How many hours per day should you wear your retainer?

You should wear your retainer 22+ hours per day for the first 9-12 months. Then, you should wear your retainer every night during sleep.

Your orthodontist or general dentist will give you specific instructions for how many hours per day to wear your retainer. Always follow dentist’s orders for retainer wear.

How long after braces do you need to wear your retainer?

You should wear your retainer for the rest of your life after braces. 

Do you have to wear a retainer forever? Yes, you must wear a retainer forever overnight to protect your teeth from shifting.

Anecdotal stories tell of patients who stopped wearing a retainer a few years after braces and never experienced shifting teeth. Others have the opposite experience and teeth shift a decade after braces.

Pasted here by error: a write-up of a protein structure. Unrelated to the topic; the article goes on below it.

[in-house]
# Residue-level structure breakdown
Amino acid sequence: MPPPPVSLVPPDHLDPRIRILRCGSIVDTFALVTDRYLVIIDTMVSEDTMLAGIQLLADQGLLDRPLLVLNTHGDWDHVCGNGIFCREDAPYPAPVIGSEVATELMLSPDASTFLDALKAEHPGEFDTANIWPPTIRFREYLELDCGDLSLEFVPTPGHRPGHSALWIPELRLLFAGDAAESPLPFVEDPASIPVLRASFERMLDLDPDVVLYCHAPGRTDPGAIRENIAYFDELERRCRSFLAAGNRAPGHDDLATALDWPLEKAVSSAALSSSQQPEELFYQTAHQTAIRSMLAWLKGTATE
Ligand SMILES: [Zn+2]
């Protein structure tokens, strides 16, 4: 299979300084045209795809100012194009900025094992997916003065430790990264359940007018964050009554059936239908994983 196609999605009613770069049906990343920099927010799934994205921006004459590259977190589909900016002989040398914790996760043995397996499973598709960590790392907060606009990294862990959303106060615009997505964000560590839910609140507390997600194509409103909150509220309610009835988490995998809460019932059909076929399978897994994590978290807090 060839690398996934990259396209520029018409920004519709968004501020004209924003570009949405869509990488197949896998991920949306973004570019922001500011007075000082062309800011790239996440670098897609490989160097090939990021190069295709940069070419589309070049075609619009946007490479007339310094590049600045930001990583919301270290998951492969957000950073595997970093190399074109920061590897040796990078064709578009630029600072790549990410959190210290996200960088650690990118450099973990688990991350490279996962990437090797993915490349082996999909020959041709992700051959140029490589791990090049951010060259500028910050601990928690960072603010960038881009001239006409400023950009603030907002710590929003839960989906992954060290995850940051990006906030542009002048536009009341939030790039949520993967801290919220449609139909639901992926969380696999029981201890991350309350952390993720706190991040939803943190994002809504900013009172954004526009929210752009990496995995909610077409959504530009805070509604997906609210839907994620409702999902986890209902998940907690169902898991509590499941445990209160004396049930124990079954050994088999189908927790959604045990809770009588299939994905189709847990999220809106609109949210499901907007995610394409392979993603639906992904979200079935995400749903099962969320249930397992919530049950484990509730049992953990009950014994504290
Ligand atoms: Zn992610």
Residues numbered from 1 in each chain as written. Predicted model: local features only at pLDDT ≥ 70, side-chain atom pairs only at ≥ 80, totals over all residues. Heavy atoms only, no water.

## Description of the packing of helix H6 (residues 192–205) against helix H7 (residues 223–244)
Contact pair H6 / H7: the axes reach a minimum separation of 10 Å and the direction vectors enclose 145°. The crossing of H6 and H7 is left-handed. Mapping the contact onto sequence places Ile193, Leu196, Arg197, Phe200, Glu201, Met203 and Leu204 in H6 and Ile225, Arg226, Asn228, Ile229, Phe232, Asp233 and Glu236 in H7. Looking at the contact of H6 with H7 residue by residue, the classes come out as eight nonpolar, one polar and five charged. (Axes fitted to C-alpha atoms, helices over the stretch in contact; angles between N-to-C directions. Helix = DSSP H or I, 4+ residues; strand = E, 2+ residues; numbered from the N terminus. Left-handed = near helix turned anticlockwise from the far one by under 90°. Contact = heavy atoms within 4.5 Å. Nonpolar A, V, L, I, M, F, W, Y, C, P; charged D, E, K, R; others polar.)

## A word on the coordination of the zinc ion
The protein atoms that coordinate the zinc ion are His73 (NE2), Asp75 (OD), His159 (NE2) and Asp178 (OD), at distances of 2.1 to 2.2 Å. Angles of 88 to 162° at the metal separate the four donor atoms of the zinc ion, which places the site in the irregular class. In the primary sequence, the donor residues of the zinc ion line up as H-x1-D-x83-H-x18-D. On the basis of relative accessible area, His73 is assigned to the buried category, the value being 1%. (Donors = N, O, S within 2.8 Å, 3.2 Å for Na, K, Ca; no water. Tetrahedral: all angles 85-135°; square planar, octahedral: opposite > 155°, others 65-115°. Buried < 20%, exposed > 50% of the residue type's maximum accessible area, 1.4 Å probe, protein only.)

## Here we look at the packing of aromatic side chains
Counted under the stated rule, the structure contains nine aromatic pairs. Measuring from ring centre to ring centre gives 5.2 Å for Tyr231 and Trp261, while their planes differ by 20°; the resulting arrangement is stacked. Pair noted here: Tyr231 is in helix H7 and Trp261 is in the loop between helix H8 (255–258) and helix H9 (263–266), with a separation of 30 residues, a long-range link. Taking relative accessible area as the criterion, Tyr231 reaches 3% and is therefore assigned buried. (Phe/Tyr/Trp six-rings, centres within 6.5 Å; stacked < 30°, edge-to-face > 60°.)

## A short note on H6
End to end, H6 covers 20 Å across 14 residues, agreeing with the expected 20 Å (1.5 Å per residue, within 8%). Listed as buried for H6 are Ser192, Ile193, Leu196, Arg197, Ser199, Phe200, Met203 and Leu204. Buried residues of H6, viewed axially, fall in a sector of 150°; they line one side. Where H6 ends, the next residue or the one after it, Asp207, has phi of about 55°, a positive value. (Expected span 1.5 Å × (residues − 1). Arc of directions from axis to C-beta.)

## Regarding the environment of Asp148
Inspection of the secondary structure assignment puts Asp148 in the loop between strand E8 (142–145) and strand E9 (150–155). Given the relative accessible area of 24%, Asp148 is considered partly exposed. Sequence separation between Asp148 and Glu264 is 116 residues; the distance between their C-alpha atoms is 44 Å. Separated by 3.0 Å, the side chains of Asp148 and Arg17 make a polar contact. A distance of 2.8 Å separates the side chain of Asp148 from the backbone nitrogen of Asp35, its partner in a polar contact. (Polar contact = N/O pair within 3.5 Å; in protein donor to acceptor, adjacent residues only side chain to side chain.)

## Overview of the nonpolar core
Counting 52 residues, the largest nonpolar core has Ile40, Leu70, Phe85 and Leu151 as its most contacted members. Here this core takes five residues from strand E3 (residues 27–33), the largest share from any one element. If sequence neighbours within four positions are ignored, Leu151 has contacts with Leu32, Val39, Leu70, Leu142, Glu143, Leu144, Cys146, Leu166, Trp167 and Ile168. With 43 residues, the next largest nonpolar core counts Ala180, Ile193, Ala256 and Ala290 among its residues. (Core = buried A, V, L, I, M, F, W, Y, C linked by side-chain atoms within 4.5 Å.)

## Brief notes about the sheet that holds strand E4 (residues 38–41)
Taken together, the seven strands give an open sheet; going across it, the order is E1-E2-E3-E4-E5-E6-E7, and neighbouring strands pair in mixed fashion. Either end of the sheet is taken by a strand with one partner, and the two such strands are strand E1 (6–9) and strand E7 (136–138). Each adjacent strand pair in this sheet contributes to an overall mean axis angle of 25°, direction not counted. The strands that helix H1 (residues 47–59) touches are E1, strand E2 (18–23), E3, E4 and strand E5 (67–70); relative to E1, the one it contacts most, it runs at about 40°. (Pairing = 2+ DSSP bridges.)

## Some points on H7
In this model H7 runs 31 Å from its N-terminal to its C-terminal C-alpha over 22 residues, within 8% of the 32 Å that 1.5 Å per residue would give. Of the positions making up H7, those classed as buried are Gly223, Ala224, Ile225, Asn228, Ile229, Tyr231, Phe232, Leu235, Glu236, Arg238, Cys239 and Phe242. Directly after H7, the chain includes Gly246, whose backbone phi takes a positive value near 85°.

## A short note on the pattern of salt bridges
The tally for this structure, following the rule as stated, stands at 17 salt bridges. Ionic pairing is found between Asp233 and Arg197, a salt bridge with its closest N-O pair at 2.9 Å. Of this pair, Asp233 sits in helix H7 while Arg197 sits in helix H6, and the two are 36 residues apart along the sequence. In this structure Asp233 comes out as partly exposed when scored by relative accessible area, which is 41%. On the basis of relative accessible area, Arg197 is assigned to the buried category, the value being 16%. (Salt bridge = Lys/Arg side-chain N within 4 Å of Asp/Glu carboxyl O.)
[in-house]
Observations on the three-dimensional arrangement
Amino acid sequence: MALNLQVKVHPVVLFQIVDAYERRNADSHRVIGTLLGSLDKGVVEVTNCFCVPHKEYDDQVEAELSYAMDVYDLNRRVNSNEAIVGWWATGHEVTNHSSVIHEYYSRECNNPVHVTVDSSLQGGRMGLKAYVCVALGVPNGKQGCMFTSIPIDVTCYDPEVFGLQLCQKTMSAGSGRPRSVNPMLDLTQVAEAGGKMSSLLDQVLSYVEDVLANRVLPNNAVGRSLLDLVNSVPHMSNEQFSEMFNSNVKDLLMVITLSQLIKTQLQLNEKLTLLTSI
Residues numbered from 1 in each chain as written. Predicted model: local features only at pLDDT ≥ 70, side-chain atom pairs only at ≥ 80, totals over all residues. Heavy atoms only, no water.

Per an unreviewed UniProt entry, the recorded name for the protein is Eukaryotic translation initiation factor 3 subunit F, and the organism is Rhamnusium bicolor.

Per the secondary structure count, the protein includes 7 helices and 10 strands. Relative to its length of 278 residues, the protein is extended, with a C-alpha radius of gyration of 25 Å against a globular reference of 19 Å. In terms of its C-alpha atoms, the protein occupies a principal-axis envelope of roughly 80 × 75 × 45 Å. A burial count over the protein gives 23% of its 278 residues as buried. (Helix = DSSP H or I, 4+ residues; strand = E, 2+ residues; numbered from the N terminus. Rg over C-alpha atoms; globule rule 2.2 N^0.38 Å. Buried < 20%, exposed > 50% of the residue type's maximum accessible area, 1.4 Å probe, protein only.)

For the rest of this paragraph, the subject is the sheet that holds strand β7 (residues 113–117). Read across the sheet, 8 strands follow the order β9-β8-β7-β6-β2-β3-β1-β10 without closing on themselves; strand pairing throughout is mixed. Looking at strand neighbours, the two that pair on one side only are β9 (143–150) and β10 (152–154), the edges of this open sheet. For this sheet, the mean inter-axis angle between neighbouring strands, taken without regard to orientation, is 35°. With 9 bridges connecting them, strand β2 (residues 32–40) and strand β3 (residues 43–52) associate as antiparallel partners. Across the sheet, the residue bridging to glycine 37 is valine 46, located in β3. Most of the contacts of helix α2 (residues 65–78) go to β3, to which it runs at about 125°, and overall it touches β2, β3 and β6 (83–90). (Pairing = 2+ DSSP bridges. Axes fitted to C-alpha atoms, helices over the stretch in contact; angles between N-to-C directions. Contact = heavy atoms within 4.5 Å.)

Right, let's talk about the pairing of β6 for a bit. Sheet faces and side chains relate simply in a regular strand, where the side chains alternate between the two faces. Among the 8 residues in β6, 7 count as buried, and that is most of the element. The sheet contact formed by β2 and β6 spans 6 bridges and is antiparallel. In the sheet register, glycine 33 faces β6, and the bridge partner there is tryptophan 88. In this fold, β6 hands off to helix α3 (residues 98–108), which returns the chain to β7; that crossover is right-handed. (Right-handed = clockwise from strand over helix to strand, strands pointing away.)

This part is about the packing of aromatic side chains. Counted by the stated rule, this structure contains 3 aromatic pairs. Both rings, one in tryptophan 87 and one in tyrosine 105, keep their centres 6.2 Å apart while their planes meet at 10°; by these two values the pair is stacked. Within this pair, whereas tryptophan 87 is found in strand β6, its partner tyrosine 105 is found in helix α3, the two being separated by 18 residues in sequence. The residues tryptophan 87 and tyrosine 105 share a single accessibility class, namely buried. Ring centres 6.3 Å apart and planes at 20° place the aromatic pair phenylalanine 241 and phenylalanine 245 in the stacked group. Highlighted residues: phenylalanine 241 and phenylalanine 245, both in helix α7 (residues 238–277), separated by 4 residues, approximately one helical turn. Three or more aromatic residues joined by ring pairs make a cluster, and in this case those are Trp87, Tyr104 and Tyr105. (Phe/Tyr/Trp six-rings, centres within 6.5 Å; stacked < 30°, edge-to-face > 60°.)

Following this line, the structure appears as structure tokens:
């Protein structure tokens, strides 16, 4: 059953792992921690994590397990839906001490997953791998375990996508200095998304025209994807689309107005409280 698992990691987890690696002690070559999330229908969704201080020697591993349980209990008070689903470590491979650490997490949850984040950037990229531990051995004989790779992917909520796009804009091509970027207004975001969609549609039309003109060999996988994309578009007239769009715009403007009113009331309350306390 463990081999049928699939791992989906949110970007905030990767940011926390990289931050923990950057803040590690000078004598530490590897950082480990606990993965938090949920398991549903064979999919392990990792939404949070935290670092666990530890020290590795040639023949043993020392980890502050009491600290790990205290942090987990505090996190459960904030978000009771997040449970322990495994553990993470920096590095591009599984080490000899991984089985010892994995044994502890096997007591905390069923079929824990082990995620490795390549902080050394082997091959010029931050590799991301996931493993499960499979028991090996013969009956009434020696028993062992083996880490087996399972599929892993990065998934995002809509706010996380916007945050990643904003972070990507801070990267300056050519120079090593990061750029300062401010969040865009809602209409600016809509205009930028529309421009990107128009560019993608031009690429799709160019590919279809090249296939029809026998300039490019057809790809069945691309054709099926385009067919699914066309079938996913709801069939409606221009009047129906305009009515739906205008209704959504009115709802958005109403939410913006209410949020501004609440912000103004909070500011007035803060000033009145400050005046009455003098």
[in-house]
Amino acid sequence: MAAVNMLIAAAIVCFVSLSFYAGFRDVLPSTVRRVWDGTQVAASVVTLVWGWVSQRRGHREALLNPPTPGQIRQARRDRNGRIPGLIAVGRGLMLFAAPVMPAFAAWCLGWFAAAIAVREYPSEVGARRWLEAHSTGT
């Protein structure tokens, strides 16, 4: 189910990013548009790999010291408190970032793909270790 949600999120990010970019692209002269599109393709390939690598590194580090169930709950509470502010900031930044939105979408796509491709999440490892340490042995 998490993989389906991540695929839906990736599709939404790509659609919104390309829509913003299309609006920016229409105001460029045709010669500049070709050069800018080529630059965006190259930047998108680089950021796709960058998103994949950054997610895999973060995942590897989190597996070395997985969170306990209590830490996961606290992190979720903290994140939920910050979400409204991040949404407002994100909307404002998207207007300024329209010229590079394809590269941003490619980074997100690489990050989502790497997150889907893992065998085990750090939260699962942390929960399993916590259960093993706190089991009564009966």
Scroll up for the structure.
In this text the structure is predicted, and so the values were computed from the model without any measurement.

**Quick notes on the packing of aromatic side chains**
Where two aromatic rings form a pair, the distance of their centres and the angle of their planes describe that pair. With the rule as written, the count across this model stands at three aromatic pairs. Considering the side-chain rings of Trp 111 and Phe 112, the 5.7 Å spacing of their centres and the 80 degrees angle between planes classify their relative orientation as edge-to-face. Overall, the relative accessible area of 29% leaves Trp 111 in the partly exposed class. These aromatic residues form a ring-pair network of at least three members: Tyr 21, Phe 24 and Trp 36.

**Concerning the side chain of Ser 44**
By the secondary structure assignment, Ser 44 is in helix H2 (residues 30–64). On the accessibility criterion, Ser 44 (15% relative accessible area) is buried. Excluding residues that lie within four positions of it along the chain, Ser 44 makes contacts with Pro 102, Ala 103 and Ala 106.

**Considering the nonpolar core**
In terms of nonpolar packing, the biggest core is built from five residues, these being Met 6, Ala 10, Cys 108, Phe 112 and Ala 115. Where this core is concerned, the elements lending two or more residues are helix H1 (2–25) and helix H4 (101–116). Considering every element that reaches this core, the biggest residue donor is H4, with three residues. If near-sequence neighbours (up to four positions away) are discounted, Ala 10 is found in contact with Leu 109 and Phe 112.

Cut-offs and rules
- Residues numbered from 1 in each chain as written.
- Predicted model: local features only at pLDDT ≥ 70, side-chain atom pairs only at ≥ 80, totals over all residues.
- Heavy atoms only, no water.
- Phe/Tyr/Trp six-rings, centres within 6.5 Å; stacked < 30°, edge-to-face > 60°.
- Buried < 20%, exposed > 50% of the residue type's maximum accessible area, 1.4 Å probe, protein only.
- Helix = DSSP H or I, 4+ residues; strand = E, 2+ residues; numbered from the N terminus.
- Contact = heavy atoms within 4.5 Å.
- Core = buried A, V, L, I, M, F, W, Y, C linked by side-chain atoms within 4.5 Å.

This is not a theory you want to test. By the time you know if your teeth will shift from their new position, you may require repeated orthodontic treatment.

I still wear my Invisalign aligners 10 years after orthodontic correction. I wear them while I sleep, mountain bike, jog, and ski. Not only are my teeth not relapsing, but my retainer acts as a protective mouthguard during activities.

But there’s no harm in wearing your retainer during sleep or strenuous physical activity. Plus, maintaining a habit is typically the best way to maintain a habit (yes, that’s redundant on purpose).

Plus, there’s a major added benefit: Proper orthodontic position is associated with a lower risk for gum disease, cavities, and even digestion.

What Happens If You Stop Wearing Your Retainer

If you stop wearing your retainer, your teeth may shift and require new orthodontic treatment to fix your bite.

The longer the amount of time since you’ve had braces, the less likely your teeth will relapse into their old position. The process of teeth shifting is called “mesial drift.”